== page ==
When demanding more of the platforms — as we should — I also would urge us to ask more of ourselves, to recognize our responsibility as citizens in encouraging a civil and informed conversation. The platforms should define bad behavior and enable us to report it. Then we need to report it. Then they need to act on what we report. And given the scale of the task, we need to be realistic in our expectations: On any reasonably open platform, someone will game the system and shit will rise — we know that. The question is how quickly and effectively the platforms respond.
I’ll repeat what I said in a recent post: No one — not platforms, not ad agencies and networks, not brands, not media companies, not government, not users — can stand back and say that disinformation, hate, and incivility are someone else’s problem to solve. We all bear responsibility. We all must help by bringing pressure and demanding quality; by collaborating to define what quality is; by fixing systems that enable manipulation and exploitation; and by contributing whatever resources we have (ad dollars to links to reporting bad actors).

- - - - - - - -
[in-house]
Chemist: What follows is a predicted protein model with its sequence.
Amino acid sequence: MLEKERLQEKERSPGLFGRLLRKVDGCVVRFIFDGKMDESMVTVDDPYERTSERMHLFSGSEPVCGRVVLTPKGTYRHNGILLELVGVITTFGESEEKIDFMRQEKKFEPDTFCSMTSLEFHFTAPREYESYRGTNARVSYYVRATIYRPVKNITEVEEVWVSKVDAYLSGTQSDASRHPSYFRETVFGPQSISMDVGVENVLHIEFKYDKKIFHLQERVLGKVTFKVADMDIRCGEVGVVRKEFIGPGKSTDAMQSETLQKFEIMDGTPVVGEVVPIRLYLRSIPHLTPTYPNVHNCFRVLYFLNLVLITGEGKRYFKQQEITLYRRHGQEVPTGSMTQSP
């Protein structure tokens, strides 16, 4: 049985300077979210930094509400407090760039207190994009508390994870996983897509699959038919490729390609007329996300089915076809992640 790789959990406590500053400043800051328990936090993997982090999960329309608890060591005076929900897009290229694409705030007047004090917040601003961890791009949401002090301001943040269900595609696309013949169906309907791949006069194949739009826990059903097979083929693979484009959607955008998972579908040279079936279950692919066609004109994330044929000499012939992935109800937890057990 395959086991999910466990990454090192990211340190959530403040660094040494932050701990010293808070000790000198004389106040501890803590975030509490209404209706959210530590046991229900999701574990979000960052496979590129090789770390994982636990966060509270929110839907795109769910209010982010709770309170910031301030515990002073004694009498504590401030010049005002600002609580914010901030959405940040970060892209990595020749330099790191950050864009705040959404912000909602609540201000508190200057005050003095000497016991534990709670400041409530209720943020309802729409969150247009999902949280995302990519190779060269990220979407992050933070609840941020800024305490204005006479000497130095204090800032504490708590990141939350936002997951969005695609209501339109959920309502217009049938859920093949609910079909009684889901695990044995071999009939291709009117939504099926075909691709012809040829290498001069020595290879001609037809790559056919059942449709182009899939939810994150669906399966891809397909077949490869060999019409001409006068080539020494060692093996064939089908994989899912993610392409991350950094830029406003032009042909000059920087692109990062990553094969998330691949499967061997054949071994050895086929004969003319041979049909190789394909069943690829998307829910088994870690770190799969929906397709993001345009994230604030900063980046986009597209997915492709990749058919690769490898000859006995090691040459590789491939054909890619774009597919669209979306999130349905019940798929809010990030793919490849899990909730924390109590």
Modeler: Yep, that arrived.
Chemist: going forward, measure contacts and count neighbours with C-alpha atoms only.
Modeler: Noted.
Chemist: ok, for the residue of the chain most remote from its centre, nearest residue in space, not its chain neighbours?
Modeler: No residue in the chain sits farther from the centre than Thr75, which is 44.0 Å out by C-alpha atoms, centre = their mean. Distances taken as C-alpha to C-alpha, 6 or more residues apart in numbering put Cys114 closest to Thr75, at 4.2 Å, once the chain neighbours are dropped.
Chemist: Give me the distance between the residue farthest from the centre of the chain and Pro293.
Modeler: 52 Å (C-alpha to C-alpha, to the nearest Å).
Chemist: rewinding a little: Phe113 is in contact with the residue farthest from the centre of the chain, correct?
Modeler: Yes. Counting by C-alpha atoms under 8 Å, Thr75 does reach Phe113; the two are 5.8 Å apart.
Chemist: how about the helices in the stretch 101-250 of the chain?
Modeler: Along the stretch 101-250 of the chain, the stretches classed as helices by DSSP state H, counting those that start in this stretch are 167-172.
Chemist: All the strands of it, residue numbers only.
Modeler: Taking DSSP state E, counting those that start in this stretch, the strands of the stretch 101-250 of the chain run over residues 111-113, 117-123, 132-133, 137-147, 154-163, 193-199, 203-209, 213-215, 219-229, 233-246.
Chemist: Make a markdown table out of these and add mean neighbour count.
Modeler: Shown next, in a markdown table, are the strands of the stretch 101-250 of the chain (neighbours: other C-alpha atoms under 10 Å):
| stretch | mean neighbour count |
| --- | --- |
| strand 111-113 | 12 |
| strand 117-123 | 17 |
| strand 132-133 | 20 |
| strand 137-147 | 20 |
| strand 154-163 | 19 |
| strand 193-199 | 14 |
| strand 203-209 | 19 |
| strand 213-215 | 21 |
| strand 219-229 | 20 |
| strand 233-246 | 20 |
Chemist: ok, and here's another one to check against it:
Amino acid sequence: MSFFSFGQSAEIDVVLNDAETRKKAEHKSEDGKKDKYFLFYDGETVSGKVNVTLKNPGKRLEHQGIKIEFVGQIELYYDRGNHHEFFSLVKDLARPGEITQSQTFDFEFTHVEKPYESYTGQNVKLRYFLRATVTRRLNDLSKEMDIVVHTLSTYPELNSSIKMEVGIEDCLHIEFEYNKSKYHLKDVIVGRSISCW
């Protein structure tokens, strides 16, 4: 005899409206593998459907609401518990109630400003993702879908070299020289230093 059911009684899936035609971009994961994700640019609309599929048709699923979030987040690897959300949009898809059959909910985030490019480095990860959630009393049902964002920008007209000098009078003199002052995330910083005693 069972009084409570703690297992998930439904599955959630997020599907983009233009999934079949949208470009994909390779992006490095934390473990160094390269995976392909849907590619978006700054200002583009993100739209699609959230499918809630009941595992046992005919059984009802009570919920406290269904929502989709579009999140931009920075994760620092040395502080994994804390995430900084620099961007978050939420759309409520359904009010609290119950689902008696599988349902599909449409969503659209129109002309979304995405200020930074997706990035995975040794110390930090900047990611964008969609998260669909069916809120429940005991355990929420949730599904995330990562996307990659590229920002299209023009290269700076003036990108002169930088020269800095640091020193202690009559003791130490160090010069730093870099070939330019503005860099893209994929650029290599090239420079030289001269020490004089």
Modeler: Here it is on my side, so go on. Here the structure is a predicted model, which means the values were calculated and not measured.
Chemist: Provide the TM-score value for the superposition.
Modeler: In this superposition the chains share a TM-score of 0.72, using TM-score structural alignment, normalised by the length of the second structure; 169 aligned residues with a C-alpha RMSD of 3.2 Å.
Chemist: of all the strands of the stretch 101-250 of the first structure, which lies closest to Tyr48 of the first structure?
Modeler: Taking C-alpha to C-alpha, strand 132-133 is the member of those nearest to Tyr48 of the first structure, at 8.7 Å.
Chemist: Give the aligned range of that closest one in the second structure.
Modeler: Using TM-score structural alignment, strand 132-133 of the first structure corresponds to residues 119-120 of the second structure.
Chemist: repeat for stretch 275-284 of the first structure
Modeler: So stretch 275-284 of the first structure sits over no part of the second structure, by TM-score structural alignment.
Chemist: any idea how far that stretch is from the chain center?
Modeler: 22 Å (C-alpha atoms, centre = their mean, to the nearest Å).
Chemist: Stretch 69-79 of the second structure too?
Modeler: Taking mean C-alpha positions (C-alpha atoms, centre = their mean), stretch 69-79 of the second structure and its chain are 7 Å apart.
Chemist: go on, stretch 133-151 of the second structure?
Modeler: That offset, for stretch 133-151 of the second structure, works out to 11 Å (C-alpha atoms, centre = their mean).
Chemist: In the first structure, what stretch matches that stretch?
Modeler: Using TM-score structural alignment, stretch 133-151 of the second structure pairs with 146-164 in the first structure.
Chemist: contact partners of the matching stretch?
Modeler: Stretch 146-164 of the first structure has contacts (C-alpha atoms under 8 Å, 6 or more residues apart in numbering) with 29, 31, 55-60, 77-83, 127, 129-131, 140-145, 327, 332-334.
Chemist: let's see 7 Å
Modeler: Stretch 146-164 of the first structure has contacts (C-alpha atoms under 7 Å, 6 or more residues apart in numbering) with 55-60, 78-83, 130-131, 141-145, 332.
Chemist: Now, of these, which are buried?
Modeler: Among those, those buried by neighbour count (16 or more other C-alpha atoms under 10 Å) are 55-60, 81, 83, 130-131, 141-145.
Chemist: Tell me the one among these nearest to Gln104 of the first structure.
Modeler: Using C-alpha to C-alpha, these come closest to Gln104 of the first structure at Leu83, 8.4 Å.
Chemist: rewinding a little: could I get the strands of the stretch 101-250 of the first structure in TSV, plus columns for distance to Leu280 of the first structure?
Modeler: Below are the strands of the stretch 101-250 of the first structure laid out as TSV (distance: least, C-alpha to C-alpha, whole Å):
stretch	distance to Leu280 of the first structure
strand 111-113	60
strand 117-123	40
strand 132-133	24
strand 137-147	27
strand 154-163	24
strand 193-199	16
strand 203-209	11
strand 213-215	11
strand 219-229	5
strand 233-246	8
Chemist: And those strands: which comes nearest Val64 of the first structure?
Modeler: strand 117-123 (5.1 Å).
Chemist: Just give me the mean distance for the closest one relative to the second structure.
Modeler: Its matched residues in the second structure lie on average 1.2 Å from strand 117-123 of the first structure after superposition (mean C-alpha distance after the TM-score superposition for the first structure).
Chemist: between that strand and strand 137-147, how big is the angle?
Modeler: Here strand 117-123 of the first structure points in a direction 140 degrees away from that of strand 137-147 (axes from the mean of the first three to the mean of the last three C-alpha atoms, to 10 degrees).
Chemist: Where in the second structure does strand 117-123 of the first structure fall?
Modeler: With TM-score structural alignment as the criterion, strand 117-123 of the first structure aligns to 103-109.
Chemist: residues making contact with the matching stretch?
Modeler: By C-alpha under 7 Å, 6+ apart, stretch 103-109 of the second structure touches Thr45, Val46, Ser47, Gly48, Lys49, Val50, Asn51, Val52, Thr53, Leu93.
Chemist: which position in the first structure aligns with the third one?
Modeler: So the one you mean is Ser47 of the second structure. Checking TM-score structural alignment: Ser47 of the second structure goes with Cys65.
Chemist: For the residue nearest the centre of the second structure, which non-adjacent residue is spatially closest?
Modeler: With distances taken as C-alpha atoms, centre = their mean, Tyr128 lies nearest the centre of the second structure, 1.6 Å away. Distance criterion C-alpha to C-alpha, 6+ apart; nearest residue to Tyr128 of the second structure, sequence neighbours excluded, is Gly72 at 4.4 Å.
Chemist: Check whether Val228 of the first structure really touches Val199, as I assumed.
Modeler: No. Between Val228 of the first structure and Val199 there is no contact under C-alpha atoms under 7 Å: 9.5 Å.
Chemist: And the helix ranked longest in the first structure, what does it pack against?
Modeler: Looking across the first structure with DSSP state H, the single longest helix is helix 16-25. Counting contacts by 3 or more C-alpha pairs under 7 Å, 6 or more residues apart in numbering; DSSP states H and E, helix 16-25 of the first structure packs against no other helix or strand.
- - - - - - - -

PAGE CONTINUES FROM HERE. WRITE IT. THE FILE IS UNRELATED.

Finally, let’s please base our actions and our pressure on platforms and government on research, facts, and data. Is Facebook polarizing or depolarizing society? We do not know enough about how Facebook and Twitter affected our election and we would be wise to know more before we think we can prescribe treatments that could be worse then the disease. That’s not to say there isn’t plenty we know that Facebook, Google, Twitter, media, and society need to fix now. But treating technology companies as the agents of ill intent that maliciously ruin our elections and split us apart and addict us to our devices is simplistic and ultimately won’t get us to the real problems we all must address.
Today I talked about this with my friend and mentor Jay Rosen — who four years ago wrote this wise piece about the kind of legitimacy platforms rely upon. Jay said we really don’t have the terms and concepts we need for this discussion. I agree.